Although my ancestors came from India, that was about five generations ago and I have no family here and have never lived in India. And so, India is familiar enough to be comfortable but different enough to be exciting.

TNW: At The NewsMarket you raised $20 million in angel and Tier One venture capital funding. What are your top tips for female founders looking to raise capital for their business?  

SP: It’s easier than it’s ever been for women to access capital, although I recognize that that’s not saying much!

But with the options expanding, I think women can afford to get more selective about the kind of investors they look for and bring into the business.

The evolving climate also means women can get bolder about their ask and stand firmer with negotiating a fair deal.

TNW: What lessons did you learn from launching The NewsMarket and Bulletin International which you went on to apply when launching Training Ventures?  

SP: One lesson was that it was terrific to have built Bulletin out of P&L and not to have raised any outside capital.

I think it’s very empowering for a start-up to actually get to sustainable revenue generation without outside capital if you can.

It instills a different discipline and unleashes creativity and a sense of urgency that is hard to replicate when you have a bank balance. We are doing that with Training Ventures now.

The other is to always listen to what your gut tells you about people – whether they are employees, business alliances or investors. If in doubt, never be afraid to walk away.

TNW: Tell us about the transition from journalist in a large corporation to founder of a business. What aspects of branching out on your own were a challenge and which did you enjoy most?

SP: Well, I was lucky as a journalist because I worked for two of the best brands in the news industry in their respective markets. I didn’t need to explain who I was or why I was calling and certainly, didn’t need to justify why anyone should pay attention to me. And, at that time at least, working for a media company didn’t mean you had to worry about a paycheck!

As a start-up entrepreneur you have to prove why someone should pay attention to you – whether it’s a customer, prospective employee, banker, investor or business partner.

But I think the payoff for that downside comes very quickly with the huge sense of accomplishment, gratification and adrenalin rush that making things happen all on your own brings. And now, after more than a decade as an entrepreneur in multiple places around the globe, it’s great to feel that you can be master of your own destiny.

I think journalism, particularly business journalism sets you up very well for entrepreneurship. After reporting on the biggest corporations, brands and interviewing business leaders, you do become more fearless and confident about taking things on.

TNW: How did it feel to sell Bulletin International after founding it and running it for six years? Did you ever doubt that you would go on to found another business?

SP: Actually, my co-founder and I sold Bulletin because we had come up with the idea for The NewsMarket and wanted to pursue that market opportunity. But in the early years of Bulletin, if you had told me that we would sell it and go on to start another business I would never have believed that because I think initially you are so focused on the big idea and you just can’t imagine any other possibility. Then possibilities present themselves and you know that you just have to go for it.

TNW: How has Dell or the Dell Women’s Entrepreneur Network enabled you to grow your business? What do you see as the benefits of all-women networks such as DWEN?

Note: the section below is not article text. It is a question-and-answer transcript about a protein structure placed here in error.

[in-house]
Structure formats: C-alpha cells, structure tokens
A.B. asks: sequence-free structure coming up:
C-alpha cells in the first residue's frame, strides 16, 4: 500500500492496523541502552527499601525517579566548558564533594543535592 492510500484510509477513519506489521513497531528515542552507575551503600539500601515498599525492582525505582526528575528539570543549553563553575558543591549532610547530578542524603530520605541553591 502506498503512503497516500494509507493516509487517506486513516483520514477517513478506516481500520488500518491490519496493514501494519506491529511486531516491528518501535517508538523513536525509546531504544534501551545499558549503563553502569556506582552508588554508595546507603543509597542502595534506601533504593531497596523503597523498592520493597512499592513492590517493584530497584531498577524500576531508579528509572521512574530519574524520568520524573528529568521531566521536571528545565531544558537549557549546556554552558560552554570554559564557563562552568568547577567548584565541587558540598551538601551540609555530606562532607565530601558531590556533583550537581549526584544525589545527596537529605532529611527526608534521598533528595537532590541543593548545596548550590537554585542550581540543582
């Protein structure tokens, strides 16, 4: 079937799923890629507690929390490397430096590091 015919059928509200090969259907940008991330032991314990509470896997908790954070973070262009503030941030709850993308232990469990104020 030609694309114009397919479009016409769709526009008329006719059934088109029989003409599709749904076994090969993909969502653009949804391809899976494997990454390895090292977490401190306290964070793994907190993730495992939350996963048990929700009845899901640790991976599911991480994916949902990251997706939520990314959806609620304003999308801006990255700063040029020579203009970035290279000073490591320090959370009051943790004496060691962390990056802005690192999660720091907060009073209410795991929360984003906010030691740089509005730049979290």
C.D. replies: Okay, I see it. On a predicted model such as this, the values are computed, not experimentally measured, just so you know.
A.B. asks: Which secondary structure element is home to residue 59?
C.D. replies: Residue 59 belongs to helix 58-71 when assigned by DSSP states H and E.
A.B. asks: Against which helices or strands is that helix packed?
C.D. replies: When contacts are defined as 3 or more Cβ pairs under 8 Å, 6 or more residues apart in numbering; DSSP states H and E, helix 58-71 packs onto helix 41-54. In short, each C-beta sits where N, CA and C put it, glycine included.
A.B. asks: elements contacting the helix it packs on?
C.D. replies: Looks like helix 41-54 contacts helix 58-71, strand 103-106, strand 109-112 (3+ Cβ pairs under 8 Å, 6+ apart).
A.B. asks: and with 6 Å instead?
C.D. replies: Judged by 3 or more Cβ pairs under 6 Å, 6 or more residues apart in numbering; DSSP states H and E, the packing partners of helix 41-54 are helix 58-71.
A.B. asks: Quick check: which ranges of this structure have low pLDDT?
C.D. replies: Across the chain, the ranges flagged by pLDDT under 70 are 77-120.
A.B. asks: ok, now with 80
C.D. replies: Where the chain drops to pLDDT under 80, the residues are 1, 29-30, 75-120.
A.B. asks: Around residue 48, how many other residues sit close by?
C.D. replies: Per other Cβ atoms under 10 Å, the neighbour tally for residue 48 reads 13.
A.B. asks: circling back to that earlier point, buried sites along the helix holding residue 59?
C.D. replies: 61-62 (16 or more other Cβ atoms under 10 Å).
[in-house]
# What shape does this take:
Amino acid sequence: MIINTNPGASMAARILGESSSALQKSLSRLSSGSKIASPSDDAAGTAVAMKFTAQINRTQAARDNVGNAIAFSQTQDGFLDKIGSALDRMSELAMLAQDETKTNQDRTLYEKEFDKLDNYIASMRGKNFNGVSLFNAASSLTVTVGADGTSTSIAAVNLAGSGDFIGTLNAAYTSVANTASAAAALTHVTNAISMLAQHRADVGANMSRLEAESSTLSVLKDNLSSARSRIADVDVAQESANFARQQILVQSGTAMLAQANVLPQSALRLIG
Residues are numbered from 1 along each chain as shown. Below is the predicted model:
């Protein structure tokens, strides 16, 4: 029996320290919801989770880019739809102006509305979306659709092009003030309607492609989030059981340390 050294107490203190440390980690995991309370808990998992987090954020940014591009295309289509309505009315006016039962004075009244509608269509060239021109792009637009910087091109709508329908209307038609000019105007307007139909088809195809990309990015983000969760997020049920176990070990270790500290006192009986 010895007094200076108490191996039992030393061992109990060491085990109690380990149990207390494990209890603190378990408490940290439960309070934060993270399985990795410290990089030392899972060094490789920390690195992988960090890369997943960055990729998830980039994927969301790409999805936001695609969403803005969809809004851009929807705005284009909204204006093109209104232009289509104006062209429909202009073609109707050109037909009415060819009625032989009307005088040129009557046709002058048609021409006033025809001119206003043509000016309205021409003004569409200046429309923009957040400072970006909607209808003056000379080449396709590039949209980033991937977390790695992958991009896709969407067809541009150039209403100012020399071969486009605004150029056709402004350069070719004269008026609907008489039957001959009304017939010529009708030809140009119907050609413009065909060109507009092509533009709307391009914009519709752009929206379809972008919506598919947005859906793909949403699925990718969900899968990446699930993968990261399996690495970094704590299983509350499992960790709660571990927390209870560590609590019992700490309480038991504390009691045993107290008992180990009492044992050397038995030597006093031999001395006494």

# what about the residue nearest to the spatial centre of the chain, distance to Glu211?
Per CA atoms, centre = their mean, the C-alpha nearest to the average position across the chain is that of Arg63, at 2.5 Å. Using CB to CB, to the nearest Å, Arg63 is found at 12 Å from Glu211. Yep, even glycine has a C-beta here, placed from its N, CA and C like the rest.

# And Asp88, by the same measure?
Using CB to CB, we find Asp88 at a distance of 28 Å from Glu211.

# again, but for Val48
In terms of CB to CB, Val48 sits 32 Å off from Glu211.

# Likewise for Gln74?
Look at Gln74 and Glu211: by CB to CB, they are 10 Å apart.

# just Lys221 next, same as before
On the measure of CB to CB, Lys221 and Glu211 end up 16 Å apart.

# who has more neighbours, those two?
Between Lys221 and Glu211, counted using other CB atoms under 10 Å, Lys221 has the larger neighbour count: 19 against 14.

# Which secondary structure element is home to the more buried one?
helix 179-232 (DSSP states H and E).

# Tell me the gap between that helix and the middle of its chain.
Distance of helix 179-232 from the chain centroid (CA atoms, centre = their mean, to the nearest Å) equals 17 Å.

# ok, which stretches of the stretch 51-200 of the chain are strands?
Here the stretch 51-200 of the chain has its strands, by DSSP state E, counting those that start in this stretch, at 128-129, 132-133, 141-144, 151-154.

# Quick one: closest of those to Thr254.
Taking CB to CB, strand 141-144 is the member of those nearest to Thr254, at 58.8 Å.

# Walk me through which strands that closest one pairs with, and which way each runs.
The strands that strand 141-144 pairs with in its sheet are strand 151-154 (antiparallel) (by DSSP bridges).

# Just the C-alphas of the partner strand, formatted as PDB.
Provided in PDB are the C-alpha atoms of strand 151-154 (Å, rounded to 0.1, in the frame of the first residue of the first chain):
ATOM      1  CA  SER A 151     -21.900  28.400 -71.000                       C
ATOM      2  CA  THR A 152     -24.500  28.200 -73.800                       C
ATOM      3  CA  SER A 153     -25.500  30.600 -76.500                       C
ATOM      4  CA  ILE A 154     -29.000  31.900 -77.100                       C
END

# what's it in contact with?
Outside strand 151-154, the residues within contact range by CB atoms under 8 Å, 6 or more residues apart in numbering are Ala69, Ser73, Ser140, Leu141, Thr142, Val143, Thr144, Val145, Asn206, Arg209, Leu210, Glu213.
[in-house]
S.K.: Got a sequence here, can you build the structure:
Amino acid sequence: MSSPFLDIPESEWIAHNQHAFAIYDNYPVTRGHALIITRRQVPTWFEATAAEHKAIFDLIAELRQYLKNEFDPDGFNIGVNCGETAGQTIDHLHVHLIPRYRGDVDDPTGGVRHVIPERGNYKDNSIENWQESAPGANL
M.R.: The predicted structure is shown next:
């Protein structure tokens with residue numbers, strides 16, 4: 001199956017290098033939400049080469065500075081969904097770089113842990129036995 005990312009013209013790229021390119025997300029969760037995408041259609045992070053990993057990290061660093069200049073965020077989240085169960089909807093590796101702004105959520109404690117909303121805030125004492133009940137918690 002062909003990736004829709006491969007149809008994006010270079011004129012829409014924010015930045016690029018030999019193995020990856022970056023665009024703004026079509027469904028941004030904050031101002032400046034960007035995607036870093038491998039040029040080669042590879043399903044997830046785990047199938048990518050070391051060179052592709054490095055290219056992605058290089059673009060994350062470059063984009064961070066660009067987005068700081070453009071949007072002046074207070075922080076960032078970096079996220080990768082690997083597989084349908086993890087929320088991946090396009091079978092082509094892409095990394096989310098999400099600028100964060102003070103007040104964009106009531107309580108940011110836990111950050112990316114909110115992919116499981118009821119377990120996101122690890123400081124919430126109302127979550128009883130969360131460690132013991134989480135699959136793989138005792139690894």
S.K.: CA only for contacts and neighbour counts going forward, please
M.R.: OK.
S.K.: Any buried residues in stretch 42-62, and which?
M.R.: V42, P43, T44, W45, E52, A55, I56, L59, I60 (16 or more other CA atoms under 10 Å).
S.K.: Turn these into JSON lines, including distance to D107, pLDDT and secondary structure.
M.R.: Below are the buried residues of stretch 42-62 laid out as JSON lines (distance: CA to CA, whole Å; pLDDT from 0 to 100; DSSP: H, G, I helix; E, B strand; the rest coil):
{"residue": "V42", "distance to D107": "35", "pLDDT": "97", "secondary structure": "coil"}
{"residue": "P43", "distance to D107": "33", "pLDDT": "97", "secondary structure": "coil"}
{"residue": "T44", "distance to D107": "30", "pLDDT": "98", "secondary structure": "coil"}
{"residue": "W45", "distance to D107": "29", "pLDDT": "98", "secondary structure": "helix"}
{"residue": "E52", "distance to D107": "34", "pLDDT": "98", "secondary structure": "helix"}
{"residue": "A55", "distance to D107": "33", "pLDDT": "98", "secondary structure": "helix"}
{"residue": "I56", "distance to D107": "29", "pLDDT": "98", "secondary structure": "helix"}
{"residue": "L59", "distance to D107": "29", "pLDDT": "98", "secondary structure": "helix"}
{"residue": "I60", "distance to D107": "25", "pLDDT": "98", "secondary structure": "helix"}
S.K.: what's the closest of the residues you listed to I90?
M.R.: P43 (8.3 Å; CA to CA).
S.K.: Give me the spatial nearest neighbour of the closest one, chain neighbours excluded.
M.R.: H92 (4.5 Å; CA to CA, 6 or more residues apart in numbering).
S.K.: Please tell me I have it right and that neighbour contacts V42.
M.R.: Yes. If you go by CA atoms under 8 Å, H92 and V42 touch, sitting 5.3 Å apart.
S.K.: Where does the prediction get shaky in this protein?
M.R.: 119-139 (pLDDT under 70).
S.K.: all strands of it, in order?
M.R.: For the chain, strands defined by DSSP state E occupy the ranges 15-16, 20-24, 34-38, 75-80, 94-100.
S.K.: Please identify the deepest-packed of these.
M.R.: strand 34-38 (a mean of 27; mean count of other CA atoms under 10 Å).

SP: I only recently discovered DWEN but I am delighted that I am getting the full immersion now because DWEN 2012 is happening in Delhi, India in June and I shall be an enthusiastic participant.

I was someone who originally didn’t take to the idea of all-women networks because I didn’t think gender should be factor. Now, I realize that it’s a critical aspect of being in the game.

We live in a very networked marketplace today and as globalization deepens, networks of common goals and interests will become increasingly important.

TNW: You have worked in the US and India. Generally speaking, what could the two cultures learn from each other in the way they do business?

SP: I’m not sure you have enough space for that! I think that for now, India probably has a lot more to learn from the U.S. simply because global business has evolved in a way that is more aligned with US business practice than probably any other style of business. If I had to summarize this, I would say India needs to embrace a culture of global business professionalism that comes from having the right kind of processes, skills and values.

However, I think that India is redefining the concept of innovation that will probably teach the rest of the world including the U.S. that innovating in the face of a lack of basic infrastructure and purchasing power is not only possible but can change the fortunes of millions. Some of the most astounding products and services are being launched here that most entrepreneurs and companies in the US would assume takes millions of dollars and plenty of other resources.

TNW: Is there anything we haven’t asked you, but you’d like to share with our readers?

SP: If you look at one of the major challenges facing many economies around the world today, it’s creating sufficient jobs. All statistics point to the fact that jobs aren’t going to suddenly reappear and indeed, may be lost forever.

That’s why I believe that entrepreneurship has the potential to be the defining movement of the 21st century in the business world.

With technology and globalization removing borders, there’s truly never been a better time to take an entrepreneurial path.

The Dell Women's Entrepreneur Network (DWEN) celebrates the wonderful accomplishments of women in business, whilst looking forward at how we can progress and learn from each other. Natural networkers and relationship builders, women have innate flair for entrepreneurship. With DWEN, Dell is helping women in business to expand their networks while offering technology capabilities designed to help them innovate and grow their businesses.

The NextWomen is in partnership with DWEN to bring you a series of 40 interviews with the world's most influential female founders, investors and decision makers: The NextWomen DWEN Interview Series.